This study has provided experimental evidence of how strain frequency and, in turn, relatedness affects bacteriocin production. Note, however, that we have specifically meaPositived local fitness and not global fitness under conditions that favor bacteriocins. We have also ignored any evolution of nonproducing resistance types (that would lead to a “rock–paper–scissors” interaction) (14, 15), because we are only competing producing versus sensitive or nonproducing versus sensitive strains. However, nonproducing resistance in competition with producing resistance represents a form of social cheating, and thus we can apply this kin selection framework to understand this problem in the future.

Here we have Displayn that spiteful behaviors, or more specifically, bacteriocin (pyocin) production is crucially affected by the frequency in the population of a given strain. We have also Displayn that pyocin production can have a major impact on the virulence of P. aeruginosa infections. The study may ultimately have practical applications in terms of manipulating the competitive arena such that toxin producers are favored and therefore reduce virulence. Pyocin production in P. aeruginosa is also likely to be Necessary in a clinical setting, especially in diseases such as cystic fibrosis, where pyocin-producing strains are commonly found (27) and different strains are often outcompeted as the disease progresses.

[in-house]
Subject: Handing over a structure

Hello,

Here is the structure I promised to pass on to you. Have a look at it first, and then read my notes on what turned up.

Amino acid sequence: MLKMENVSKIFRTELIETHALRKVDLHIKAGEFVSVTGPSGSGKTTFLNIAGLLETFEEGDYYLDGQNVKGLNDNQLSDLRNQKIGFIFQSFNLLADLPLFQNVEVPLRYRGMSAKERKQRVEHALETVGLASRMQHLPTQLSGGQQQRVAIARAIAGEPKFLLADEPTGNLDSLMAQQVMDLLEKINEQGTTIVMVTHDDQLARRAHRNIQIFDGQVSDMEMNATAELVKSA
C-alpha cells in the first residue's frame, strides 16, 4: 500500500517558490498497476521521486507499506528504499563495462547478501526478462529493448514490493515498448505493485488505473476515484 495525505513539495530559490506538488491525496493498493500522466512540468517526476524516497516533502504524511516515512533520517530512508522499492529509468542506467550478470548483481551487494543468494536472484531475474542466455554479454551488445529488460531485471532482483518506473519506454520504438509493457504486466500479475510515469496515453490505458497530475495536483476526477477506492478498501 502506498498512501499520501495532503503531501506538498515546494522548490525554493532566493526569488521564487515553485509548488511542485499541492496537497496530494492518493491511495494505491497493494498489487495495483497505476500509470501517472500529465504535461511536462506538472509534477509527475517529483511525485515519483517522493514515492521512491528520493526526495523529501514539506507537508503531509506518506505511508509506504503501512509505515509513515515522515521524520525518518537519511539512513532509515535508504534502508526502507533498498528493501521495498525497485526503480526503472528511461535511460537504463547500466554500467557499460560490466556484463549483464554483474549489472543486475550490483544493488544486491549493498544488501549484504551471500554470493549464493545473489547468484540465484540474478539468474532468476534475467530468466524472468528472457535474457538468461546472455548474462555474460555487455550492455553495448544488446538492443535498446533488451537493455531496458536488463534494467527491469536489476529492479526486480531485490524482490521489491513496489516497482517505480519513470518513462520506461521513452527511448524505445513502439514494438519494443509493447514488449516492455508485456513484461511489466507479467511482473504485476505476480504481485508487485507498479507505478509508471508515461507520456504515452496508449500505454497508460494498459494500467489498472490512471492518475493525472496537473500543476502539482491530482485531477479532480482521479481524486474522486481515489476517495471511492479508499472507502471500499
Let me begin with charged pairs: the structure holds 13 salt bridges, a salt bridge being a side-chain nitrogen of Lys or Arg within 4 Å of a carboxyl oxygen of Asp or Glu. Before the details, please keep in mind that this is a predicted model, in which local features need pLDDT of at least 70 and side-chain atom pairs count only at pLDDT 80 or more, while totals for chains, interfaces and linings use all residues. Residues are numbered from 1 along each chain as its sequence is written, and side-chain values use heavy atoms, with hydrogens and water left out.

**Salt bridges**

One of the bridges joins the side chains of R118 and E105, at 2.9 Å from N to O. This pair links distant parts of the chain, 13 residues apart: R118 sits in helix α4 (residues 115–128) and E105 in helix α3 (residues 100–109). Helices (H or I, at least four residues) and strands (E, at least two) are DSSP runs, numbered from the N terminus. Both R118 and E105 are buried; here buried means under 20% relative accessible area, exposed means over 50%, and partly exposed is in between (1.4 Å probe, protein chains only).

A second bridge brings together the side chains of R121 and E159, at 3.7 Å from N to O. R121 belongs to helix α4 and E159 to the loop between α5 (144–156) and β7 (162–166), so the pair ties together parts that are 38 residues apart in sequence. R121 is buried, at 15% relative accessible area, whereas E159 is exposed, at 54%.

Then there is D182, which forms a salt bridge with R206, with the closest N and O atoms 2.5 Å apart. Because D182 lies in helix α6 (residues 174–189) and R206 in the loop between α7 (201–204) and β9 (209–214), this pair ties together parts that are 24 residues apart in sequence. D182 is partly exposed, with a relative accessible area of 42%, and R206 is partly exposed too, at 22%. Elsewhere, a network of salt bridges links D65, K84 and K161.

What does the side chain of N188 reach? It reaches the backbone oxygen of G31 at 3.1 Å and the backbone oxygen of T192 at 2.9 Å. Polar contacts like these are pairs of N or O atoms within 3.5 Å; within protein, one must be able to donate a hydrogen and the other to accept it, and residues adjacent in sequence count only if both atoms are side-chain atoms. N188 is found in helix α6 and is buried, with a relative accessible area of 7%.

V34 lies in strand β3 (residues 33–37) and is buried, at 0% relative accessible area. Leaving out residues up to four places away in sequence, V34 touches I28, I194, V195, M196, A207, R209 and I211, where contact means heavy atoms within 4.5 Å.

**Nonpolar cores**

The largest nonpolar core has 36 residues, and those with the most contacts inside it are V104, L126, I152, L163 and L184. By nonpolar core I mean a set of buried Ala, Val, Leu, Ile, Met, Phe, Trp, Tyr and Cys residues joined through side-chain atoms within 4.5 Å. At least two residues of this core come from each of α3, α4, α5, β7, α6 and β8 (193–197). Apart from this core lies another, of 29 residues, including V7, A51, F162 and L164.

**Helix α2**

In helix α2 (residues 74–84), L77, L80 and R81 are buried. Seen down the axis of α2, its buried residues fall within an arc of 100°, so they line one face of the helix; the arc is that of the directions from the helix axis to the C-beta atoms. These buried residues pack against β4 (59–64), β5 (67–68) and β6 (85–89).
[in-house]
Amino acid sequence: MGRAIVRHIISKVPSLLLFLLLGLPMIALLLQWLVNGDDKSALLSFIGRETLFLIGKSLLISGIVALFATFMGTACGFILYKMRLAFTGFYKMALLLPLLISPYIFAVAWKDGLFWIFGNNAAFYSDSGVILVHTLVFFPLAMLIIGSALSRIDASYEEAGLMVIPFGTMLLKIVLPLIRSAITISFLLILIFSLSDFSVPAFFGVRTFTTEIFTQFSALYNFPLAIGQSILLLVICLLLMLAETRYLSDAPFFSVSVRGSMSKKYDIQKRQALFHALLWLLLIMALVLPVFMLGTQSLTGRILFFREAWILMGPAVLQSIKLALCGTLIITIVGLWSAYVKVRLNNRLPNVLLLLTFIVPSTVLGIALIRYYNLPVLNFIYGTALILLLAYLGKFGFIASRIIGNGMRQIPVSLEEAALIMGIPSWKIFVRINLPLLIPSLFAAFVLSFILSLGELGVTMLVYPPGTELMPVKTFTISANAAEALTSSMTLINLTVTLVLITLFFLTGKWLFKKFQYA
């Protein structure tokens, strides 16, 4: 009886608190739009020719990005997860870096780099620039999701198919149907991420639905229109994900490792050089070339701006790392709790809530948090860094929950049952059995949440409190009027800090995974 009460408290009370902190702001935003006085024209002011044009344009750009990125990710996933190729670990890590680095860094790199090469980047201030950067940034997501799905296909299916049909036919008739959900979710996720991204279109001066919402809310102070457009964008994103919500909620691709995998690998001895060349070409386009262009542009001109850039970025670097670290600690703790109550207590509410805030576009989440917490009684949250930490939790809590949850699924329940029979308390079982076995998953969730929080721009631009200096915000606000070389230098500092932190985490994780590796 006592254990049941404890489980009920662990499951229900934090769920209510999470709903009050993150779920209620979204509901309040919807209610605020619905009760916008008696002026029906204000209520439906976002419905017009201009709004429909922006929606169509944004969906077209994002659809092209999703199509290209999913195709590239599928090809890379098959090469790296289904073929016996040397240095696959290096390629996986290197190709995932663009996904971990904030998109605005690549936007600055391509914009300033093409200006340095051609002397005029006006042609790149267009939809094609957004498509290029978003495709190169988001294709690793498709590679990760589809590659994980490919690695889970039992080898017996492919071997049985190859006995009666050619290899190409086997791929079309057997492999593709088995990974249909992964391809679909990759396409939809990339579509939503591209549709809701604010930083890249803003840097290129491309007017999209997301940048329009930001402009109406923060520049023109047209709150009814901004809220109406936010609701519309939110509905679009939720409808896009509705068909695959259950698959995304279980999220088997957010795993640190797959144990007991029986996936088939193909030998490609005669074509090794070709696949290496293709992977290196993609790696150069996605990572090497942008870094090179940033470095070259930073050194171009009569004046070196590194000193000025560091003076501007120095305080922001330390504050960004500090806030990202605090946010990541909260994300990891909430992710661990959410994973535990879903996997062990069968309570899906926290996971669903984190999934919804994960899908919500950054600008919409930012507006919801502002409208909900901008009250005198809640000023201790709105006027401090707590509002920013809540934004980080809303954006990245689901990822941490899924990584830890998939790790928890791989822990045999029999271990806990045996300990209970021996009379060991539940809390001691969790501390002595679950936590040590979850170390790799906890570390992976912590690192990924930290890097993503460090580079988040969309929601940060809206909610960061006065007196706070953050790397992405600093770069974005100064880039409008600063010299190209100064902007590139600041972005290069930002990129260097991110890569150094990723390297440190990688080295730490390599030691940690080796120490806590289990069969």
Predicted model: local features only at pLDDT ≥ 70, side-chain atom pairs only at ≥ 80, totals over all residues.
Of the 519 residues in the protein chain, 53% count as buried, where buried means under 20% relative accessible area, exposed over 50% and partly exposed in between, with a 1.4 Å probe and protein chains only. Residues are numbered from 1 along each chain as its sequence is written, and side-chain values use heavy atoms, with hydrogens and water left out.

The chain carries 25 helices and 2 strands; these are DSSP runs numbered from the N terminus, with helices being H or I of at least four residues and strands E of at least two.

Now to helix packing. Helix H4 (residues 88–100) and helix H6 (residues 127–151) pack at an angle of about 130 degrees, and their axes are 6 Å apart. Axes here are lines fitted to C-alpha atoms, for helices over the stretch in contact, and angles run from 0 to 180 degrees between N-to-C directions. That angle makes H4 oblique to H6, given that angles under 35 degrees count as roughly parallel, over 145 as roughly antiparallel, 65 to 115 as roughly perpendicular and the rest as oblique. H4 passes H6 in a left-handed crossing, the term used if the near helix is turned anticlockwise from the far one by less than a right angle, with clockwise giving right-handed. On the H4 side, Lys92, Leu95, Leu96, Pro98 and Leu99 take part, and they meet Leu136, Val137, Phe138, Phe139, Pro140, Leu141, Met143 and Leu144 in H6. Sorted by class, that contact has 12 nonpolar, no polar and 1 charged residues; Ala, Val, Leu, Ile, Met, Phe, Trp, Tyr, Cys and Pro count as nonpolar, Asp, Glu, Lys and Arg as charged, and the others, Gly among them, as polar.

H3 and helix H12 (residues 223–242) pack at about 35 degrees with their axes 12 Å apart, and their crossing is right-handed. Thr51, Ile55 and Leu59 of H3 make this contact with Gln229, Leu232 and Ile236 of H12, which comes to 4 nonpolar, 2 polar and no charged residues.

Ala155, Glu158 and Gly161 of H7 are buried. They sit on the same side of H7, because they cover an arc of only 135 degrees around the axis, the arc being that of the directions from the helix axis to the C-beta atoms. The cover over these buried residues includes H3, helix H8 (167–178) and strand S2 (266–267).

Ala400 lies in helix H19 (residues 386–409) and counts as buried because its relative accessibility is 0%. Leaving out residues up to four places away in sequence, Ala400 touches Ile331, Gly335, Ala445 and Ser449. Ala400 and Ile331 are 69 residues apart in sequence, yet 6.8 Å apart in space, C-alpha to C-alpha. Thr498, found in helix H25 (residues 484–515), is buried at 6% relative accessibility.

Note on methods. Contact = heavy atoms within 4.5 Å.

Materials and Methods



We consider 2 strains of bacteria growing under resource competition, with the focal strain making a relative investment c into bacteriocin production and the competitor strain making no such investment. We assume that the focal strain is immune to its bacteriocin, but a proSection pk of cells of the competitor strain is Assassinateed, where p is the proSection of the focal strain in the local medium.